We have added a new Analytics tab in the Machine Learning app in Kibana to create, manage, and view your outlier detection jobs.
“Elastic’s machine learning is critical to my team because it is a force multiplier that allows us to cover exponentially more data than we could in the past,” said Jonathon Robinson, Fraud Intelligence Manager at PSCU. “We were able to use machine learning to identify fraud activity right away. We saw significant savings within a couple of weeks and last month alone we saved millions of direct dollars for our credit unions.”
In addition to these two new methods, we are also introducing several (13 to be precise) new out-of-the-box machine learning jobs to Elastic SIEM to detect common security threats on network and host activity data collected by Auditbeat. Examples include detecting anomalous processes, anomalous network port activity, and more.
Increased depth in each pillar of observability
With 7.4 we’ve doubled down on auto-instrumentation in Elastic APM, expanding APM agents to support the plug-and-play experience for more common programming frameworks. Most notably, these additions include Angular support in the RUM agent and .NET framework support in the .NET agent, which are both very common in existing enterprise applications. In addition, we built on the RUM geolocation data we introduced in the previous release by adding a new “performance by geographic region” breakdown in the APM UI, allowing users to zero in on region-specific problems and troubleshoot them faster. Finally, structured filters in the Elastic APM UI help analysts search trace data even faster, resulting in shorter resolution cycles. Jump over to the Elastic APM release blog for more details.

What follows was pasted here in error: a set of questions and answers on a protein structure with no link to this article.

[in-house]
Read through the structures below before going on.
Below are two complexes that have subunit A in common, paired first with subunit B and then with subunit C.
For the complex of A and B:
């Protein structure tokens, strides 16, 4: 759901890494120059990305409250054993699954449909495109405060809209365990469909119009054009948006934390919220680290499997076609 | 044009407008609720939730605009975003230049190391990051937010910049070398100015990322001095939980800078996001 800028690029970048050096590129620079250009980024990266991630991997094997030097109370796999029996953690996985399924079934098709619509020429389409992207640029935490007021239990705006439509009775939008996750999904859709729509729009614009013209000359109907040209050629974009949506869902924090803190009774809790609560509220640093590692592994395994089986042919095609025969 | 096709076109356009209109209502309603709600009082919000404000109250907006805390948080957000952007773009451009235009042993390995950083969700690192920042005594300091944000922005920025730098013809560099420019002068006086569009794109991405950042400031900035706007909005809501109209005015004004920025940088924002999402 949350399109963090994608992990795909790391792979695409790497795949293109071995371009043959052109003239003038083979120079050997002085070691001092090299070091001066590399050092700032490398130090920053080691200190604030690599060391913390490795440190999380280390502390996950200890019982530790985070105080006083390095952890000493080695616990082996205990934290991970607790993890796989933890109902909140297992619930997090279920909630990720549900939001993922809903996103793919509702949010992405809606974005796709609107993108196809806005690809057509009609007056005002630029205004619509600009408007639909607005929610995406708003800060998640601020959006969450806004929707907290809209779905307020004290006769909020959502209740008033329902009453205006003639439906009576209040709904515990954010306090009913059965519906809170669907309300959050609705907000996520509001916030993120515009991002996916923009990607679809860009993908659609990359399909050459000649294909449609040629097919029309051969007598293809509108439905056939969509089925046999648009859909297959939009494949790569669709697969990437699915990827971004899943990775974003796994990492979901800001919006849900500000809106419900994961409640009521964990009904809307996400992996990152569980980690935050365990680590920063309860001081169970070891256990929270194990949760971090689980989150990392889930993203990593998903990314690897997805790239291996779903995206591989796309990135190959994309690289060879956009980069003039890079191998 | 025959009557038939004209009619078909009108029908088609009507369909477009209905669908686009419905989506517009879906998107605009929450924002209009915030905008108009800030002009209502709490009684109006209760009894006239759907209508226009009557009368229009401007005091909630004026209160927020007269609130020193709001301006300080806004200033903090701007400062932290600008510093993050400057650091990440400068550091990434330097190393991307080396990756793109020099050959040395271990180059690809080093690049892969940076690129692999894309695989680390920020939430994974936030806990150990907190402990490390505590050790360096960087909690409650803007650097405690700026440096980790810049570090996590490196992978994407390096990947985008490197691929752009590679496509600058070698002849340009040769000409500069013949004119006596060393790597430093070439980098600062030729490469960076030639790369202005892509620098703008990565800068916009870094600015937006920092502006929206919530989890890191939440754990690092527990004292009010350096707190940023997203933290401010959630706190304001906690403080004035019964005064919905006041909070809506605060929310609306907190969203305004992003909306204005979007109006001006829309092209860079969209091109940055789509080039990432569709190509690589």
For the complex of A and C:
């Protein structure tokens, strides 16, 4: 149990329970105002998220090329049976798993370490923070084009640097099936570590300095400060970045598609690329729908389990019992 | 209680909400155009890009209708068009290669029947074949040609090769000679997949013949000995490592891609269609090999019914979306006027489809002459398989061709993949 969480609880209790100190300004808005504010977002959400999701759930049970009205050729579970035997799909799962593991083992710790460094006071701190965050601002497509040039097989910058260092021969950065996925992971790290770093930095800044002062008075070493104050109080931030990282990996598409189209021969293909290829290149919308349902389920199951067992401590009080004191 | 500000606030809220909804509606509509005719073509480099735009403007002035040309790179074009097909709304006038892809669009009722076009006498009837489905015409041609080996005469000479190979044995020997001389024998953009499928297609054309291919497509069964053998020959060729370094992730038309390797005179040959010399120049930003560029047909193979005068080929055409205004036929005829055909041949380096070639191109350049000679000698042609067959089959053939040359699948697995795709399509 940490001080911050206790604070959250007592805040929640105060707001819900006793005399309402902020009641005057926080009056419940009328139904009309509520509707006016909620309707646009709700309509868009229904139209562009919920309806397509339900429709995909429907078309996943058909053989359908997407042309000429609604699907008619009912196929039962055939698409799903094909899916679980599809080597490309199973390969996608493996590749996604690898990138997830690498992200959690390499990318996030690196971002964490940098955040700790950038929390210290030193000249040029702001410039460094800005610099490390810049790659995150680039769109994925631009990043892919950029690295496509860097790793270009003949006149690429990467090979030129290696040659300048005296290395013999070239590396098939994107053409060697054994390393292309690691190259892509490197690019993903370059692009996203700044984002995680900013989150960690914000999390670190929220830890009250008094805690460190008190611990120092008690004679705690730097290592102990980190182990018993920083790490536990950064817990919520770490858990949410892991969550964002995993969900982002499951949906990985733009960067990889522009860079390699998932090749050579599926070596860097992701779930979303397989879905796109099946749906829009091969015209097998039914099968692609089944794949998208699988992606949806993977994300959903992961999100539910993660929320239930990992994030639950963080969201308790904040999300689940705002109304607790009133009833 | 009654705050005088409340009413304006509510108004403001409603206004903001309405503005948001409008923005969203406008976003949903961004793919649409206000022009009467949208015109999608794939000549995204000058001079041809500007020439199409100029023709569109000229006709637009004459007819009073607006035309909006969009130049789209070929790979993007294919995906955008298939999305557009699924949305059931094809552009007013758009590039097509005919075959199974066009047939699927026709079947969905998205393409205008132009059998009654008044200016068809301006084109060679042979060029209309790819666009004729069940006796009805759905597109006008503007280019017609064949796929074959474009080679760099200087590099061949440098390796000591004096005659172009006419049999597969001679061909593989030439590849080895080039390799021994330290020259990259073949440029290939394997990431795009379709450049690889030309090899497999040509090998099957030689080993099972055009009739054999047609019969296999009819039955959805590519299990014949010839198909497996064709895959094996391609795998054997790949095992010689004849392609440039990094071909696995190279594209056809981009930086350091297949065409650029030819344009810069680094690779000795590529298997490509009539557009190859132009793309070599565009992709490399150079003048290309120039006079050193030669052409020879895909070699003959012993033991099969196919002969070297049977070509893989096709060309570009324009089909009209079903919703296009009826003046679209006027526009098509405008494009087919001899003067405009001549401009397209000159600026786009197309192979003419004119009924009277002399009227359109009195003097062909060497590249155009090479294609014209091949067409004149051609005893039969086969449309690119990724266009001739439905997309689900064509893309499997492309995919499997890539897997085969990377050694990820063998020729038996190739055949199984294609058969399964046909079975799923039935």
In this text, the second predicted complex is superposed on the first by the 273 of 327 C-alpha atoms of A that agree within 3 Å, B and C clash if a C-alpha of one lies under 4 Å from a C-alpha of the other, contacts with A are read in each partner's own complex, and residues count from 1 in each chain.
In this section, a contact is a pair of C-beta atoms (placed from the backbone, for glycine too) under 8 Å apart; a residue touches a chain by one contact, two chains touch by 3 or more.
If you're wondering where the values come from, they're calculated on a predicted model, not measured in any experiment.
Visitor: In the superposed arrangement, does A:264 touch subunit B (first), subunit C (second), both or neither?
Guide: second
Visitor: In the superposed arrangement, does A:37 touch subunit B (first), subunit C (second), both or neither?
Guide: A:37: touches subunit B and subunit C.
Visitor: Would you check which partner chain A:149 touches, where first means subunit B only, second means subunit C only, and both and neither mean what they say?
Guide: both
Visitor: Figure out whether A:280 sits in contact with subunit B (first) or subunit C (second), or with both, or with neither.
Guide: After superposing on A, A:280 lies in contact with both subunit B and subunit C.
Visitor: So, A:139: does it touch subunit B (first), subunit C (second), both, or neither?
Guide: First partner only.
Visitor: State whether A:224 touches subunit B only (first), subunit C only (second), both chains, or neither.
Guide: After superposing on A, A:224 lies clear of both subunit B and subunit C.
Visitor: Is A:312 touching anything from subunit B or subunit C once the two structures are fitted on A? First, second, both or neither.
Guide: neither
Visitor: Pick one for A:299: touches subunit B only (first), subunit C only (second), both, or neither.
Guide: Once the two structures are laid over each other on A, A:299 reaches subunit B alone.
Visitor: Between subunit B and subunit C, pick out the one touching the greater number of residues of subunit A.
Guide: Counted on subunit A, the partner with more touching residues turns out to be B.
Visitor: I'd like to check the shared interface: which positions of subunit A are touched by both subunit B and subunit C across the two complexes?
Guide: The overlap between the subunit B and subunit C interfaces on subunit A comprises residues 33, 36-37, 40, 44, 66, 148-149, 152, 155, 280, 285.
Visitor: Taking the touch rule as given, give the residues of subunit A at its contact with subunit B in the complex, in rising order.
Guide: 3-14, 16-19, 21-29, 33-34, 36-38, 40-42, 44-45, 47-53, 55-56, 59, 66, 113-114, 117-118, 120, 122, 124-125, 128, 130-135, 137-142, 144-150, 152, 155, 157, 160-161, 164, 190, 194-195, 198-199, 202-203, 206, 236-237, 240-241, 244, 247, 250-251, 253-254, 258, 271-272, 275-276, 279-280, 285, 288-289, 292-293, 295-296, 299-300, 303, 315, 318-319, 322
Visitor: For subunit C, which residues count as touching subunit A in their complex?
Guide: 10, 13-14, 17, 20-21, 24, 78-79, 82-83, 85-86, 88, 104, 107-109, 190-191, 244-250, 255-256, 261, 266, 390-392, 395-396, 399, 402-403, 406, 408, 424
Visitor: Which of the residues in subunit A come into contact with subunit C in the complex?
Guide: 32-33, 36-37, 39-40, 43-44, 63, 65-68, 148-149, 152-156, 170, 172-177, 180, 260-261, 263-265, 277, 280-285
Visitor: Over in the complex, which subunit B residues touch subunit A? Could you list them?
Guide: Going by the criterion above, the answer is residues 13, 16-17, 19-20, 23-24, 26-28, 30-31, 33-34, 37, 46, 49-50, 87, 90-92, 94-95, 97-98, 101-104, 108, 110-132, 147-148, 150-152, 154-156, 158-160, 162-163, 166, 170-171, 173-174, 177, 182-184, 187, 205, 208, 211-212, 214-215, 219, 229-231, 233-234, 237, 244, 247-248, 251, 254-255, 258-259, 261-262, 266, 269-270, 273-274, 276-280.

Every Elastic Stack release brings new ways to automatically monitor the health of your critical infrastructure and services. The 7.4 release adds support for ingesting metrics from several more AWS services, including Elastic Load Balancer (ELB), Elastic Block Storage (EBS), and CloudWatch Statistics, plus the ability to read server logs right from Amazon Simple Storage Service (S3). It also increased Kubernetes monitoring capabilities with additional metrics for scheduled jobs, and added a new StatsD module for collecting custom metrics using this common format. Database monitoring got a boost with many new metricsets and improved default dashboards for datastores like Oracle, Prometheus, and Postgres. Finally, we added log analysis for IBM MQ, a critical messaging platform in many important enterprise applications. Jump over to the Elastic Infrastructure and Elastic Logs release blog for more details.
PKI Authentication in Kibana
The Kibana security model continues to evolve and offer new ways to securely access Kibana. Following incredible releases like feature controls in 7.2 and support for Kerberos in 7.3, we are excited to announce support for another highly requested authentication mechanism. With 7.4, Public Key Infrastructure (PKI) authentication is now officially supported. This type of encryption is heavily used by our community in sectors like finance, healthcare, government, and military.
While it was possible to use PKI authentication with Kibana behind a proxy in the past, those architectures can be simplified in 7.4. With native support for PKI authentication, users are now able to log into Kibana using X.509 client certificates and a two way encryption system. This opens the door to a variety of new and secure ways to access Kibana. From general client certificate authorization to physical smart or identity card access, Kibana has you covered. Want to learn more? Check out our documentation on how to get started.
Elastic is a search company. As the creators of the Elastic Stack (Elasticsearch, Kibana, Beats, and Logstash), Elastic builds self-managed and SaaS offerings that make data usable in real time and at scale for use cases like application search, site search, enterprise search, logging, APM, metrics, security, business analytics, and many more.